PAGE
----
Objective: Problems with clinician-patient communication negatively impact newborn screening, genetics, and all of healthcare. Training programs teach communication, but educational methods are not feasible for entire populations of clinicians. To address this healthcare quality gap, we developed a Communication Quality Assurance intervention. Methods: Child health providers volunteered for a randomized controlled trial of assessment and a report card. Participants provided telephone counseling to a standardized parent regarding a newborn screening result showing heterozygous status for cystic fibrosis or sickle cell disease. Our rapid-throughput timeline allows individualized feedback within a week. Two encounters were recorded (baseline and after a random sample received the report card) and abstracted for four groups of communication quality indicators. Results: 92 participants finished both counseling encounters within our rapid-throughput time limits. Participants randomized to receive the report card improved communication behaviors more than controls, including request for teach-back (. p<. 0.01), opening behaviors (. p=. 0.01), anticipate/validate emotion (. p<. 0.001) and the ratio of explained to unexplained jargon words (. p<. 0.03). Conclusion: The rapid-throughput report card is effective at improving specific communication behaviors. Practice implications: Communication can be taught, but this project shows how healthcare organizations can assure communication quality everywhere. Further implementation could improve newborn screening, genetics, and healthcare in general.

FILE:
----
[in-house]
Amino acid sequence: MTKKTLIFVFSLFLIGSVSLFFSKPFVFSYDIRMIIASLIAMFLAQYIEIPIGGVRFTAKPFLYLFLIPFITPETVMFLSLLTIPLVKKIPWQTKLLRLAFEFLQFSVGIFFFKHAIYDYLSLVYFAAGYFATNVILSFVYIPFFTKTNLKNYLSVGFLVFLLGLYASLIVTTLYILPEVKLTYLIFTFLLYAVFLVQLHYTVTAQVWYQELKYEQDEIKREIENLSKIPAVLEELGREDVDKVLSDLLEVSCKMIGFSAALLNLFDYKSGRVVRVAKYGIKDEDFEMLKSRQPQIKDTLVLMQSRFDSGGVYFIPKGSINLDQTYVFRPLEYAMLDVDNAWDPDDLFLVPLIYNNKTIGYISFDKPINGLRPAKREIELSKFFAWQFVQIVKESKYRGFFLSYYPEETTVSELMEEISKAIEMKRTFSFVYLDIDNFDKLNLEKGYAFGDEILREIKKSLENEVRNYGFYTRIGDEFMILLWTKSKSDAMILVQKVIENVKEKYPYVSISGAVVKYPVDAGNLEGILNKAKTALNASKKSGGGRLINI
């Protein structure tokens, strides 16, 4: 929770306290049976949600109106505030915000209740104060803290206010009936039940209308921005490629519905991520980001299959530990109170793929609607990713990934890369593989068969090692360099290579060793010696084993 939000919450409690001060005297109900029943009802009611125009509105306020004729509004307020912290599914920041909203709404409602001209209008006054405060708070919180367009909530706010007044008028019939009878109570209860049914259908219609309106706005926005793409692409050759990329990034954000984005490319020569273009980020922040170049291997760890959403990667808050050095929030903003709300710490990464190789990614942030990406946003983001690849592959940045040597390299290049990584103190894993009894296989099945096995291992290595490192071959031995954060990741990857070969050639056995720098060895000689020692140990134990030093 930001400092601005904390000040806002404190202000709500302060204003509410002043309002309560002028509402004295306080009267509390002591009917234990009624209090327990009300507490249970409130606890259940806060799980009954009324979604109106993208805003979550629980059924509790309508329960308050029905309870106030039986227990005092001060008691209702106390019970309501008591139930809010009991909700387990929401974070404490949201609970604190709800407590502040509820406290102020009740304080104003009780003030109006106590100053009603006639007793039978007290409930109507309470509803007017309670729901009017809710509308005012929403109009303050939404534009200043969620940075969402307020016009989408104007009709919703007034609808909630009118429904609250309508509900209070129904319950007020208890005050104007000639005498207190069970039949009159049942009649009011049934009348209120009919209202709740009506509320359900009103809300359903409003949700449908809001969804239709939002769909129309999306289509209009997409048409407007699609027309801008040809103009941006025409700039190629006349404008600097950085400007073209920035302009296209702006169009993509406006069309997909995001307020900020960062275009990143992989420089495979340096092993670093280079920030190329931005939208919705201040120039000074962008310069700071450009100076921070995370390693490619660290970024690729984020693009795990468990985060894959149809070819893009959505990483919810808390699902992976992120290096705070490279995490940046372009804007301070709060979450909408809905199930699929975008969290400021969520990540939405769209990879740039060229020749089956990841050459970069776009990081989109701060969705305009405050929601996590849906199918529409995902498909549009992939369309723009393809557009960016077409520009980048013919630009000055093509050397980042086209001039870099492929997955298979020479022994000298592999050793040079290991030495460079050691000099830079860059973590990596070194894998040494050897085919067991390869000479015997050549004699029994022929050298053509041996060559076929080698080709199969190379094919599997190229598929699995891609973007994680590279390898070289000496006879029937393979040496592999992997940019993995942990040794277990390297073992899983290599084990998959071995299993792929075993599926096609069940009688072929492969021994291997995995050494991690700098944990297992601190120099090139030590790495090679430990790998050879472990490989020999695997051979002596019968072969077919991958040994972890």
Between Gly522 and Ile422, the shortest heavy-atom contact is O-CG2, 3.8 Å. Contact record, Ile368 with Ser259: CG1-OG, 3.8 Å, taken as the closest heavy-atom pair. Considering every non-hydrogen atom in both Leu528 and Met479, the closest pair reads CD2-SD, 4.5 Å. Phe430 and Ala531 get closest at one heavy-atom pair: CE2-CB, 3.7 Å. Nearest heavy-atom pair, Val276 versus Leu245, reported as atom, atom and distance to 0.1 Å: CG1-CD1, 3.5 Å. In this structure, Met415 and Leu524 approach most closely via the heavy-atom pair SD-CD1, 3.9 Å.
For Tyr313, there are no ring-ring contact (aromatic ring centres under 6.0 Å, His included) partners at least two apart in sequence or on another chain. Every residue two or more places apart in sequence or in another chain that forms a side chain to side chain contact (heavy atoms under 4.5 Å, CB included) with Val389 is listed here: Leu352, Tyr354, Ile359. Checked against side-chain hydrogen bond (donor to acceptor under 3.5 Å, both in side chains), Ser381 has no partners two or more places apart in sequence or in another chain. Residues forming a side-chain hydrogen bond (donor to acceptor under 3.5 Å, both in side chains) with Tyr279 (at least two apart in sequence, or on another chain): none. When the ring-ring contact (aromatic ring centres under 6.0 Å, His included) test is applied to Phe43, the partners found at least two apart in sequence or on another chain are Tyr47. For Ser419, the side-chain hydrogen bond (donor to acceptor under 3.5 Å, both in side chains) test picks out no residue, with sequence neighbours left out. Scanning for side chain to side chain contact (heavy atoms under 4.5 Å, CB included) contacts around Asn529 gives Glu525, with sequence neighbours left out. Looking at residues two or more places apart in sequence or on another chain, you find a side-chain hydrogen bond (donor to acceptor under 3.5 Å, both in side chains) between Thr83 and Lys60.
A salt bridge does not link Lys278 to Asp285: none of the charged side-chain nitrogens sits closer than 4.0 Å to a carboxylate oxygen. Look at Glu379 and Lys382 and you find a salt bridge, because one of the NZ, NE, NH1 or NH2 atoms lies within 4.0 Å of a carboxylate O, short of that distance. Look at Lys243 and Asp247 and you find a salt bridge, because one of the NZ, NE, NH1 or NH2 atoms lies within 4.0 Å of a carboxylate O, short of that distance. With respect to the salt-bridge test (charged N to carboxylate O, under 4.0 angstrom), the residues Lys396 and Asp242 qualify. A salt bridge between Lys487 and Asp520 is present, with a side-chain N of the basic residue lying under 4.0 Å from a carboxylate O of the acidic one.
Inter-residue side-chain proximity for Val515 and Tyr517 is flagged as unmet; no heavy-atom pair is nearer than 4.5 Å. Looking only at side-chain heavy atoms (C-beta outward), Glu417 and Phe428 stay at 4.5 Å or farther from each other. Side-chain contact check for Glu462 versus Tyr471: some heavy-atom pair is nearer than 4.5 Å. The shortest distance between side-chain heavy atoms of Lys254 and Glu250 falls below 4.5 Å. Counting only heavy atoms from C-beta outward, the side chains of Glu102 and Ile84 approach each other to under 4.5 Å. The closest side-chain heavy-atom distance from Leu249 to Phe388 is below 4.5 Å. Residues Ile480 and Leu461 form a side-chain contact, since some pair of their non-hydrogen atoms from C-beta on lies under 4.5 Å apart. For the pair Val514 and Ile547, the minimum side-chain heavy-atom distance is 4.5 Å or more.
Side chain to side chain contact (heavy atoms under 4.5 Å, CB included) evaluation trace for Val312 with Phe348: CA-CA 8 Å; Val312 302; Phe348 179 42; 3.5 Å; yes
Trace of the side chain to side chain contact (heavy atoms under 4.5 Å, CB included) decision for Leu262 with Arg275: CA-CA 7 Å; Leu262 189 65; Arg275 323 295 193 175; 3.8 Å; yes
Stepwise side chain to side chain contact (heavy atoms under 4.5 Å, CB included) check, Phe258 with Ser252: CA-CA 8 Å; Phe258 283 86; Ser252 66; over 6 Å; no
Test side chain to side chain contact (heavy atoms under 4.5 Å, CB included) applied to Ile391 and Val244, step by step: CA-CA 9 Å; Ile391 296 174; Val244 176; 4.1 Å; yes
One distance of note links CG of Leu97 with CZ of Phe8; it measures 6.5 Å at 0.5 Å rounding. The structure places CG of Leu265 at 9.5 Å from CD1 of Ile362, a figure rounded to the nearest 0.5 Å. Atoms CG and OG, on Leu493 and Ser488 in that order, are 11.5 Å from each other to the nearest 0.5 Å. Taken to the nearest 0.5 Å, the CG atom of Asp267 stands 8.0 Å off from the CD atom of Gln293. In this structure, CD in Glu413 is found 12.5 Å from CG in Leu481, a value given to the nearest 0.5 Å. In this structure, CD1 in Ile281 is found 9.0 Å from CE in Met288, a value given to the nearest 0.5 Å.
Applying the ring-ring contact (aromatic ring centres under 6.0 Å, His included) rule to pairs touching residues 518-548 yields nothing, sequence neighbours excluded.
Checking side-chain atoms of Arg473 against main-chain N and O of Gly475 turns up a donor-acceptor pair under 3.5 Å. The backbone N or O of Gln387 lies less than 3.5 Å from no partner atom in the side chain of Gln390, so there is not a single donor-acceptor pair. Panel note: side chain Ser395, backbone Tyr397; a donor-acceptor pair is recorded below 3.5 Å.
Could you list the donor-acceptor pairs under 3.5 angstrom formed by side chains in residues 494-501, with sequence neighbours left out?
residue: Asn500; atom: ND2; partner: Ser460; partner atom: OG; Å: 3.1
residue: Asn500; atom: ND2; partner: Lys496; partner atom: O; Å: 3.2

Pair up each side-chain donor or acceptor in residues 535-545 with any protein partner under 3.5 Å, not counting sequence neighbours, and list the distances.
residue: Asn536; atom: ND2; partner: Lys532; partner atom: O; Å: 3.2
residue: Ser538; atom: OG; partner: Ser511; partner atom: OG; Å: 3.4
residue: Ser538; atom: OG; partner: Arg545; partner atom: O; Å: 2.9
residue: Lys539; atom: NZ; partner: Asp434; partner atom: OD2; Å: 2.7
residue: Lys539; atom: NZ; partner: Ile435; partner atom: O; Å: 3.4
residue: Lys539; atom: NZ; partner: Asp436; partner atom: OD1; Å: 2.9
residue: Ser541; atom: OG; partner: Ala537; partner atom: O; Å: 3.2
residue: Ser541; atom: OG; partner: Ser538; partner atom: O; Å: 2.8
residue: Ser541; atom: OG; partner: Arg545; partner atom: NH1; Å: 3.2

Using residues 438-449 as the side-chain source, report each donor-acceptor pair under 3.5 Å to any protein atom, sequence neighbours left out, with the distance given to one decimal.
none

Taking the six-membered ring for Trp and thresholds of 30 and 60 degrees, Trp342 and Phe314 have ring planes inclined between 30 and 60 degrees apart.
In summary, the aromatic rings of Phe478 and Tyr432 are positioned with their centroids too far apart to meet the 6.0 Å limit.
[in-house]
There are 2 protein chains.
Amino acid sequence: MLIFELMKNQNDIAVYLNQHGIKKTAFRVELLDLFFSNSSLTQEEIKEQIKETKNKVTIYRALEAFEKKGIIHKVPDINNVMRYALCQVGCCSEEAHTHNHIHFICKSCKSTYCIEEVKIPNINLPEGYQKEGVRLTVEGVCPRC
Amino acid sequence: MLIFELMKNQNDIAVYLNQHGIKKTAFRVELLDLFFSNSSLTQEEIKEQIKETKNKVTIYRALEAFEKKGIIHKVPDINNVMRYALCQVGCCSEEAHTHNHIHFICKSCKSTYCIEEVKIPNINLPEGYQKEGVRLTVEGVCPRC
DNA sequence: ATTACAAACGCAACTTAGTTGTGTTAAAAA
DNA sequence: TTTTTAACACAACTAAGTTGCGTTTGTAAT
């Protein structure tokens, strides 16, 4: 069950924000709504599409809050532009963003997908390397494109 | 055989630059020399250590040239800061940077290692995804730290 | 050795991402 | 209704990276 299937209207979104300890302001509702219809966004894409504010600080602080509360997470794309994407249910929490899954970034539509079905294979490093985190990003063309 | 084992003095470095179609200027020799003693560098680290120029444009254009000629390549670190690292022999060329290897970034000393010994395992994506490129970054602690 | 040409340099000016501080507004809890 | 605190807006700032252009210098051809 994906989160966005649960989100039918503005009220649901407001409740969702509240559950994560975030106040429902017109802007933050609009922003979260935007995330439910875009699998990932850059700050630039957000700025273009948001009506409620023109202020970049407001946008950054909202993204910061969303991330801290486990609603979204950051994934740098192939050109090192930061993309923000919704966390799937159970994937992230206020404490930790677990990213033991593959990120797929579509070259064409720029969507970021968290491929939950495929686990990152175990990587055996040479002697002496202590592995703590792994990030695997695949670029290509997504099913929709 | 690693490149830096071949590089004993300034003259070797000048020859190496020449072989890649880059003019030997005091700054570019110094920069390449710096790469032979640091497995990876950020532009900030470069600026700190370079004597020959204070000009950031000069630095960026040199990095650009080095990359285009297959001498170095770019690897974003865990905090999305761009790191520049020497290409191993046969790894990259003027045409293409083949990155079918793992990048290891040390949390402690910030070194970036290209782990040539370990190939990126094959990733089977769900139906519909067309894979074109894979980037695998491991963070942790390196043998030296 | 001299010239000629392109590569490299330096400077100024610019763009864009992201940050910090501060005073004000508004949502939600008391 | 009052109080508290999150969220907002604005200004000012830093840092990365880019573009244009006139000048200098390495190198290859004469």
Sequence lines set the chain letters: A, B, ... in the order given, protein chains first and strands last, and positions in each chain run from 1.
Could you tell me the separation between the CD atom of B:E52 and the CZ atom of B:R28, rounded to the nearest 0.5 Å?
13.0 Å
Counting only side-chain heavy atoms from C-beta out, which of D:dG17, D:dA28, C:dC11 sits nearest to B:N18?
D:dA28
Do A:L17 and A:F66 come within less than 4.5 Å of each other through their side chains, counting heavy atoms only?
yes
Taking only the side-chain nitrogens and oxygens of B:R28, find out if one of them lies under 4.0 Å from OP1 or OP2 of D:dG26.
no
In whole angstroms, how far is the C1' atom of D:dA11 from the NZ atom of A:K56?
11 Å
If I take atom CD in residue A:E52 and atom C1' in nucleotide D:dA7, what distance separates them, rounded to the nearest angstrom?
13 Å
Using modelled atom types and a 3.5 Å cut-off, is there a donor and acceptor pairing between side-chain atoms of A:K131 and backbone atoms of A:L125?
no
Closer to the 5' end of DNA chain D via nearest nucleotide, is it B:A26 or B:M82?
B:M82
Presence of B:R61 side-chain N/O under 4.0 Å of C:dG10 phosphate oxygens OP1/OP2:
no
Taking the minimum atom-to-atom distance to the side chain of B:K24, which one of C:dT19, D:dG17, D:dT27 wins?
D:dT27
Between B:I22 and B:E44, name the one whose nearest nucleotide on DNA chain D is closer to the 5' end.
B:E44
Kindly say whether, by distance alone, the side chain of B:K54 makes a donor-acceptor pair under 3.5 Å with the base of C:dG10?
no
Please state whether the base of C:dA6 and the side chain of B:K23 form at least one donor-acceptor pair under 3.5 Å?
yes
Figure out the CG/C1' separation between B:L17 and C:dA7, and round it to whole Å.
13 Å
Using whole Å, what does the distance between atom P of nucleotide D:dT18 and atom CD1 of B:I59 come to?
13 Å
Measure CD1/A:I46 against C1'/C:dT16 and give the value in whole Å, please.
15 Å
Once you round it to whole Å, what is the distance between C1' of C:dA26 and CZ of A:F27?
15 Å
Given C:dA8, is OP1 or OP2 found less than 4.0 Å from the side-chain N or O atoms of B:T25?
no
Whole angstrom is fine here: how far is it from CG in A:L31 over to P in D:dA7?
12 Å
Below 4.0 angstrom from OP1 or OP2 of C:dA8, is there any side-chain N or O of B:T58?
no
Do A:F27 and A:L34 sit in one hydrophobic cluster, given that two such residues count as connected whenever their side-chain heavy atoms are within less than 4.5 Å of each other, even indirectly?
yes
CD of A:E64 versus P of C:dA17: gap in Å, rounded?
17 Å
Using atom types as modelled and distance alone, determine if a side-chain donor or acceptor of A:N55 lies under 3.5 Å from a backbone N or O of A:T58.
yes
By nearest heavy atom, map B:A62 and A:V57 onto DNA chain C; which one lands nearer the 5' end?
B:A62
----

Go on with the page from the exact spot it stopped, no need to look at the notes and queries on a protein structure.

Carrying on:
Bibliographical noteFunding Information:
This project was funded by a grant from the National Institutes of Health – National Heart, Lung and Blood Institute : RC1-HL100819 . We are also grateful for the contributions of our transcriptionist Nadine Desmarais.
- Cystic fibrosis
- Neonatal screening
- Professional-patient relations
- Quality indicators (health care)
- Sickle cell trait